Monday, March 5, 2012

Poetic Explorations of . . . Mathematicians

In the Journal of Humanistic Mathematics (Volume 1, Issue 2), we find "NumenRology: A Poetic Exploration of the Lives and Work of Famous Mathematicians" by Saskatchewan poet, Mari-Lou Rowley. In addition to the following poem, "On Diophantus Arithmetica," Rowley's JHM collection includes "Ode to Alan Turing" and "On Euclid’s Book VII – Elementary Number Theory: Proposition 8." Rowley's lines below wonderfully describe the emotional flow that comes with engaging in mathematics -- as mathematical terms are translated into the human terms of wanting and forthcoming, kneading, . . . and yielding.

   On Diophantus’ Arithmetica     by Mari-Lou Rowley

     A “wanting” and a “wanting” yields a forthcoming.
     A “forthcoming” and a “wanting” yields a wanting. δ

   and did I tell you over the brim of it all
   and the words welling and sucked back
   under the undertow of wanting to yield
   all needing under your kneading hands

   and the words welling and sucked back
   and forth and finally returning to source
   stream-head bubbling a fissure forceful
   wanting your hands there forthcoming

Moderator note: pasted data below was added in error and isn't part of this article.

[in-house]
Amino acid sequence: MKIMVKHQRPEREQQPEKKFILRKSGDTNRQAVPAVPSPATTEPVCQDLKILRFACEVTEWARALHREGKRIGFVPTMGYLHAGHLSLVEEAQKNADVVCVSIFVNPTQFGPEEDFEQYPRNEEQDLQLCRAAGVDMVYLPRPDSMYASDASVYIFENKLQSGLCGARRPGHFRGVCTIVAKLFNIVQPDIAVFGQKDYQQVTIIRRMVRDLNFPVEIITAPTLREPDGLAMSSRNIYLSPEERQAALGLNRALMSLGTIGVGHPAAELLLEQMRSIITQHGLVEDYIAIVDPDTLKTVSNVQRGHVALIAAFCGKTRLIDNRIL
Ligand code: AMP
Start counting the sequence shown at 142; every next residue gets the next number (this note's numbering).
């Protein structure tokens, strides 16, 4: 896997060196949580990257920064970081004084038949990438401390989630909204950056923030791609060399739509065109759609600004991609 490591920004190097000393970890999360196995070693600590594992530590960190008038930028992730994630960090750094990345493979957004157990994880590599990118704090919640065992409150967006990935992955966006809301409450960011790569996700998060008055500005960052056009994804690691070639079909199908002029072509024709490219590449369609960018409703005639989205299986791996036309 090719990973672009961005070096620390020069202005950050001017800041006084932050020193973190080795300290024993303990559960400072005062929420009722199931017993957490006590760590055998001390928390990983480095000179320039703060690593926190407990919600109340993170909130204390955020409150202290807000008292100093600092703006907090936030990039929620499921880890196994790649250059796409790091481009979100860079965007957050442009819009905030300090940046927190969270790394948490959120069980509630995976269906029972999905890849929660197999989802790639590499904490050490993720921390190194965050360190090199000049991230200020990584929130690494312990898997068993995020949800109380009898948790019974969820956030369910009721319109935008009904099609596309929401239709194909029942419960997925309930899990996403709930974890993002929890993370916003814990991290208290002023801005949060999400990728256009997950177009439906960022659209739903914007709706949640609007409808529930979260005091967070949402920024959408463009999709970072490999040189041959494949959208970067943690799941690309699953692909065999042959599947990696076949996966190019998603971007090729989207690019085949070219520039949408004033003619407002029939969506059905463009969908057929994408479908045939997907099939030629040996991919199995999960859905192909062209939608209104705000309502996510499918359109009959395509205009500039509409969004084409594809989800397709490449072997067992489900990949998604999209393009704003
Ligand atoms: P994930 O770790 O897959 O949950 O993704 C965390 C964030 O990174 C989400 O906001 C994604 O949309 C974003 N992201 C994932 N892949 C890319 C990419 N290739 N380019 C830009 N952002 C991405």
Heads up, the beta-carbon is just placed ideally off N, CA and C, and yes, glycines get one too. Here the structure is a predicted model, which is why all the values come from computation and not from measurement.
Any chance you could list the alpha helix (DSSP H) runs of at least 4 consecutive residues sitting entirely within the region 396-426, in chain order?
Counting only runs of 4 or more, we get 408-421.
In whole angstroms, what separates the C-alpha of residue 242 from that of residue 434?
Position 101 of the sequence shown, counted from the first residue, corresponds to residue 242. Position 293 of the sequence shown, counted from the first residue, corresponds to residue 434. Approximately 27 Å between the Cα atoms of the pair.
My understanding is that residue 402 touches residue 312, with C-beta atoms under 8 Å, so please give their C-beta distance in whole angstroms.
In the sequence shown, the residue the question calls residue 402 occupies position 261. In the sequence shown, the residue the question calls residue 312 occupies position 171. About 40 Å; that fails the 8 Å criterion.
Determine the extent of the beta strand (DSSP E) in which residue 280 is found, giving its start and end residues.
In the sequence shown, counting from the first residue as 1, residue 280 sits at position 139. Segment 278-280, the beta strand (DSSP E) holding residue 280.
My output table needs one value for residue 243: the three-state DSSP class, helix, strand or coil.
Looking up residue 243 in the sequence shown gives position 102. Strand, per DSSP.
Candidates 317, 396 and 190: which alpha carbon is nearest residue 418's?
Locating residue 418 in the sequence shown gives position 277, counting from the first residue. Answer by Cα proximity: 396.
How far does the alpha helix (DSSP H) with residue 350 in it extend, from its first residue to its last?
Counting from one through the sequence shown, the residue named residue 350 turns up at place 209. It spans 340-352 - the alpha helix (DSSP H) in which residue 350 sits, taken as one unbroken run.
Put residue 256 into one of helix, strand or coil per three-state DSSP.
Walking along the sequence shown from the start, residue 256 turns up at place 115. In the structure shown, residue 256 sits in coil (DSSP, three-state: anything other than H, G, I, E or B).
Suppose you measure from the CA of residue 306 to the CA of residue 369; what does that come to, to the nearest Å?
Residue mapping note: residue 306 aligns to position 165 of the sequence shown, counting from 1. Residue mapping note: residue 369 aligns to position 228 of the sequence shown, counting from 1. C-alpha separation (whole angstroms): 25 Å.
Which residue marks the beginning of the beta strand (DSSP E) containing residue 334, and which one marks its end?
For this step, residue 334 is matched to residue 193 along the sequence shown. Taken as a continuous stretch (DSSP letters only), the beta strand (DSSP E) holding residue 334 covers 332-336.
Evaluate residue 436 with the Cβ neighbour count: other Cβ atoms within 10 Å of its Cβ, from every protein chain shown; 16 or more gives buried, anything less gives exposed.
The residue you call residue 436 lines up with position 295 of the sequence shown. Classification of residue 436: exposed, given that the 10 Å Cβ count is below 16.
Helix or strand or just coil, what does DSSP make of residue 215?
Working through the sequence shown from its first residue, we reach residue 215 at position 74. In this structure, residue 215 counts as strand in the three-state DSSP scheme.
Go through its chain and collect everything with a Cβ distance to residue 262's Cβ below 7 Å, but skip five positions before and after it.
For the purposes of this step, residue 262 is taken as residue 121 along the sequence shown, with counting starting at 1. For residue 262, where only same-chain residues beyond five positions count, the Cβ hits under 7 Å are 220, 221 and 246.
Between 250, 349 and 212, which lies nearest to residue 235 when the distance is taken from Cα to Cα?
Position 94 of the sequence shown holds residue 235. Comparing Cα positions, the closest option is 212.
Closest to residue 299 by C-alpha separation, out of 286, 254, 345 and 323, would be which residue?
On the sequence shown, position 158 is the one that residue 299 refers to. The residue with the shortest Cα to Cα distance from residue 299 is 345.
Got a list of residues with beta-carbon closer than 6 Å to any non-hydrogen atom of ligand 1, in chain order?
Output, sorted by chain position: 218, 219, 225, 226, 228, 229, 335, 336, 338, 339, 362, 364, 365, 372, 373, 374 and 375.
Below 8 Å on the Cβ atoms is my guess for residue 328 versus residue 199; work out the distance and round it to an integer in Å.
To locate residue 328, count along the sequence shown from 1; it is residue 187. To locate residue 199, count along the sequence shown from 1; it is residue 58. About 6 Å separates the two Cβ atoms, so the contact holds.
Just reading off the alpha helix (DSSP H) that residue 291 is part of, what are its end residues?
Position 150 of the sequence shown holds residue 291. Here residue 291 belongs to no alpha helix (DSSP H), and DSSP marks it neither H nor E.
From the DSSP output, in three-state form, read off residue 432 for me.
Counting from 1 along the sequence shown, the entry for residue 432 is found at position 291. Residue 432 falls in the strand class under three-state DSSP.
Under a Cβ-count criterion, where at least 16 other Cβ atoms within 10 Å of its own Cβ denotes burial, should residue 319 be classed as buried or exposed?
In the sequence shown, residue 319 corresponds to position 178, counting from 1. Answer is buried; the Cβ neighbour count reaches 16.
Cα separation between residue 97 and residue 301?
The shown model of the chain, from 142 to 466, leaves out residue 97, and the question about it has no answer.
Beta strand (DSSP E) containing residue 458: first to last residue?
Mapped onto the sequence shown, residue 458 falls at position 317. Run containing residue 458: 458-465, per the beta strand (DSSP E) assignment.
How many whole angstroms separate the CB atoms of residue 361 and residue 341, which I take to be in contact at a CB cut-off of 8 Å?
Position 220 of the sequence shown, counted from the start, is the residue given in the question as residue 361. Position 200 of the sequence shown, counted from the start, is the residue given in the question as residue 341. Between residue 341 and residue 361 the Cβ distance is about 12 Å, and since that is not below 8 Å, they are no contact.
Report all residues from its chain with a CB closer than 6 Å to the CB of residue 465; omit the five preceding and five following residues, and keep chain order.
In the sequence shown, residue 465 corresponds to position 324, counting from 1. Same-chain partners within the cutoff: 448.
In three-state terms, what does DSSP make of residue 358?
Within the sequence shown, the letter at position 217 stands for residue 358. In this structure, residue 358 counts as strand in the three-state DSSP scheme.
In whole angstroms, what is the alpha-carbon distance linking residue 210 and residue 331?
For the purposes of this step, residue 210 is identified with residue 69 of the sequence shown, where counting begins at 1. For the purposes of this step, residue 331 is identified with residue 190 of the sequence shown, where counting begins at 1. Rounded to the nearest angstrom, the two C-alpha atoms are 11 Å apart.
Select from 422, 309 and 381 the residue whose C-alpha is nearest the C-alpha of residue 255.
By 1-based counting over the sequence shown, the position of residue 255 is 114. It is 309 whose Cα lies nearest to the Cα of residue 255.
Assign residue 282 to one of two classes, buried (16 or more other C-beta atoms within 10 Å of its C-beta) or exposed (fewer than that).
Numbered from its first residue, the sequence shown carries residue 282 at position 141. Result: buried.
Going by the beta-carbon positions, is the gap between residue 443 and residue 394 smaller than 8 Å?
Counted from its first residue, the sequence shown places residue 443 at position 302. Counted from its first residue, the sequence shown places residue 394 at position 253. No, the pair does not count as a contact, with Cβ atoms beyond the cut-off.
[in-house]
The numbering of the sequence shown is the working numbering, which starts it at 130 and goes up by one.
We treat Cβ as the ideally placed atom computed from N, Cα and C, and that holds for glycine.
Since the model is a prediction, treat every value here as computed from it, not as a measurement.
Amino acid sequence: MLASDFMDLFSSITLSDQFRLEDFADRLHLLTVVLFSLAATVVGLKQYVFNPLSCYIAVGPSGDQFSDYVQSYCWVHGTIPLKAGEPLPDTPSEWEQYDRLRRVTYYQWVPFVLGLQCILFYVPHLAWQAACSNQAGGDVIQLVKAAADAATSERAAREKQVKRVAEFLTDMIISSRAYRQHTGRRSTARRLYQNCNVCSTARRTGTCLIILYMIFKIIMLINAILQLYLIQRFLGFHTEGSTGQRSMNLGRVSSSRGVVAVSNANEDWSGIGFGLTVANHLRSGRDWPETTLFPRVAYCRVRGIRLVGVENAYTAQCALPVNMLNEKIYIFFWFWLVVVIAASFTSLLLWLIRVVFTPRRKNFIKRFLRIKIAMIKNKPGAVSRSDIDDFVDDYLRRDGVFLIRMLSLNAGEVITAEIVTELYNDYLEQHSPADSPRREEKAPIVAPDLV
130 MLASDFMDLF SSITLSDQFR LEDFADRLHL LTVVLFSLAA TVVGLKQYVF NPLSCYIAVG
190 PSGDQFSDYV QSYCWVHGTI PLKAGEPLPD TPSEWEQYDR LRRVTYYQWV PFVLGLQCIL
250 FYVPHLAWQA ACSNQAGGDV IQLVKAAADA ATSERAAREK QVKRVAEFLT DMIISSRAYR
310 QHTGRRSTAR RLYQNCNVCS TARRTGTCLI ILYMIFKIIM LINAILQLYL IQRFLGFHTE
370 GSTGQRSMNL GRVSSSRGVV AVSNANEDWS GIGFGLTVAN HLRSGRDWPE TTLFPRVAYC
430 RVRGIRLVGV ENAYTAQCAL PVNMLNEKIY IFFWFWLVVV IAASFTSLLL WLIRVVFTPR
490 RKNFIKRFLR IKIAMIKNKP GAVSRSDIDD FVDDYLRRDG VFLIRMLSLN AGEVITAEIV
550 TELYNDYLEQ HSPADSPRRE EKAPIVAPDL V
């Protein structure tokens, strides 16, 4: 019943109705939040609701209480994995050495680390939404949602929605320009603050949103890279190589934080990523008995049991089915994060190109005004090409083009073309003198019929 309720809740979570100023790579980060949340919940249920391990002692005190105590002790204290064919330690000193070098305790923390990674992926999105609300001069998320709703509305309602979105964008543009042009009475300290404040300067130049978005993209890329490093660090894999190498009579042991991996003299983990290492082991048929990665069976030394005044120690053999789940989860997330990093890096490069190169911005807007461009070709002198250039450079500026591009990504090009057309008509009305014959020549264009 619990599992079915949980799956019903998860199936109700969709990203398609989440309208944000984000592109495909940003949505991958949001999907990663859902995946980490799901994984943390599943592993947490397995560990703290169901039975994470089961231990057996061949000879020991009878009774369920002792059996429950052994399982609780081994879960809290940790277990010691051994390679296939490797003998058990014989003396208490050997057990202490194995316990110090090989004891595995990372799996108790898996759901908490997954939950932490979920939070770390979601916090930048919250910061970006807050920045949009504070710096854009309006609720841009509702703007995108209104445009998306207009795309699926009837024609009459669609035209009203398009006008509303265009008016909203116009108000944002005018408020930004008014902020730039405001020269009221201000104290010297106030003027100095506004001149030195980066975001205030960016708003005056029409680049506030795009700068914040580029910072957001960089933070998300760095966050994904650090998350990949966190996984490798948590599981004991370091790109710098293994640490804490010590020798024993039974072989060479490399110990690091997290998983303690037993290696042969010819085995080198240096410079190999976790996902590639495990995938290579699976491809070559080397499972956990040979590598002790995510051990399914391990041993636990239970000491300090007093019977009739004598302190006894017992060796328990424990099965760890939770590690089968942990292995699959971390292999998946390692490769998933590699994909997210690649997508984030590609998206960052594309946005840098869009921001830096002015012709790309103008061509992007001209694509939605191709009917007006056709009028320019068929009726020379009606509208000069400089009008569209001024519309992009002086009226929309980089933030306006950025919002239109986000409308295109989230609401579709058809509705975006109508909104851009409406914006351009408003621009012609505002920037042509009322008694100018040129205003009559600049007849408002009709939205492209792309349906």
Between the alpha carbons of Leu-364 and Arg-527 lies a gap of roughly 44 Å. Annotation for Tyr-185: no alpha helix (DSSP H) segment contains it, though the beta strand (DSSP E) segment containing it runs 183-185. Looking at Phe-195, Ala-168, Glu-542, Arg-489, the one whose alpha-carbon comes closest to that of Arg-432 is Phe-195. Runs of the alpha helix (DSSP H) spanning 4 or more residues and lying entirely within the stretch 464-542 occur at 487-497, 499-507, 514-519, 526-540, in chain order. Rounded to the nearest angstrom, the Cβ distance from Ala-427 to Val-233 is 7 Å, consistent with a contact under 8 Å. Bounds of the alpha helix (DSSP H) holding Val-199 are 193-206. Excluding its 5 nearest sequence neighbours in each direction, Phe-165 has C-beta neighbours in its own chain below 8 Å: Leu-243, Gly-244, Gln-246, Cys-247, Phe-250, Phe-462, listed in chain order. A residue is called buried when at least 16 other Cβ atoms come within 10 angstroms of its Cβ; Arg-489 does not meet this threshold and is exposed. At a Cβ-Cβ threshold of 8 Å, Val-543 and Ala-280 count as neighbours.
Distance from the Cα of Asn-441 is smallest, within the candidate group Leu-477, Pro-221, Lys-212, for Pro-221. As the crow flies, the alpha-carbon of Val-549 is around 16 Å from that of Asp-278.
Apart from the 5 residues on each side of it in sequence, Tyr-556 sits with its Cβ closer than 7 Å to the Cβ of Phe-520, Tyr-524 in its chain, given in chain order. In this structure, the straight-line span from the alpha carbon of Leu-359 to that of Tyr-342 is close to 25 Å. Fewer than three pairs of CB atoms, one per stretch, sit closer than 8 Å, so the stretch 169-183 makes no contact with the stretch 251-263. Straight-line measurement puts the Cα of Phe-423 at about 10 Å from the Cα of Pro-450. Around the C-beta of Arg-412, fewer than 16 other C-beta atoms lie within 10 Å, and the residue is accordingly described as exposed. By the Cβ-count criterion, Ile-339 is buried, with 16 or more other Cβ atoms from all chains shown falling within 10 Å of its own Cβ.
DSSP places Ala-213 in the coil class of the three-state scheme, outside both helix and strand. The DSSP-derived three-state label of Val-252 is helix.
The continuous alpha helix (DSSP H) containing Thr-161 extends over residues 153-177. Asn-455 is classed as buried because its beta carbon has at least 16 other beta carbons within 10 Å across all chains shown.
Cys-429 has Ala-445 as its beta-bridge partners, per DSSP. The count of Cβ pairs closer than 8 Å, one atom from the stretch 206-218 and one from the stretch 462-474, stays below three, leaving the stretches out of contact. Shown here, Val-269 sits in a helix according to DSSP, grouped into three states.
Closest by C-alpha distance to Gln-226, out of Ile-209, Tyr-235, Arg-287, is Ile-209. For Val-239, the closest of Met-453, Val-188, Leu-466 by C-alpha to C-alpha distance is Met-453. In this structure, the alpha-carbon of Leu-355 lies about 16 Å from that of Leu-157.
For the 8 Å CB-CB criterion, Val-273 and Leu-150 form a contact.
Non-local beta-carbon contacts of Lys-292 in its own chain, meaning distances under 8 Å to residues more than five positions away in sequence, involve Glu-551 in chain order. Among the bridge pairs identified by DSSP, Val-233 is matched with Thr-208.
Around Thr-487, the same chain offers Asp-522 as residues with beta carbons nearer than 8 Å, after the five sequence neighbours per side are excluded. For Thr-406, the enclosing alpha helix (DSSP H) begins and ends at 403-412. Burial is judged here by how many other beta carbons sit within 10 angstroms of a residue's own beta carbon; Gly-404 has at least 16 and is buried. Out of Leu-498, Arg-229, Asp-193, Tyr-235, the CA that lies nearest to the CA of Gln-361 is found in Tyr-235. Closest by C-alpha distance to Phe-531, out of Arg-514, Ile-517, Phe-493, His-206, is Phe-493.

under the undertow of wanting to yield
   and fall forward running toward your
   words outstretched and spilt forth over
   the edge of this forthcoming yielding

   under your kneading hands all thoughts
   full of words unsaid re-verbed undone
   this pounding ribbed throbbing wanting
   and did I tell you over the brim of it all

δ Where positive terms represent a "forthcoming" and negative terms a "wanting."

Diophantus was a Greek mathematician who lived in Alexandria during the third century AD. His book Arithmetica is a collection of 130 problems and numerical solutions of these, many of which were not fully appreciated until the 17th century when one, widely publicized, became known as Fermat's Last Theorem. Although Arithmetica and its author are often mentioned as the origin of algebra, most of what was written in this work was also known by the Babylonians. 

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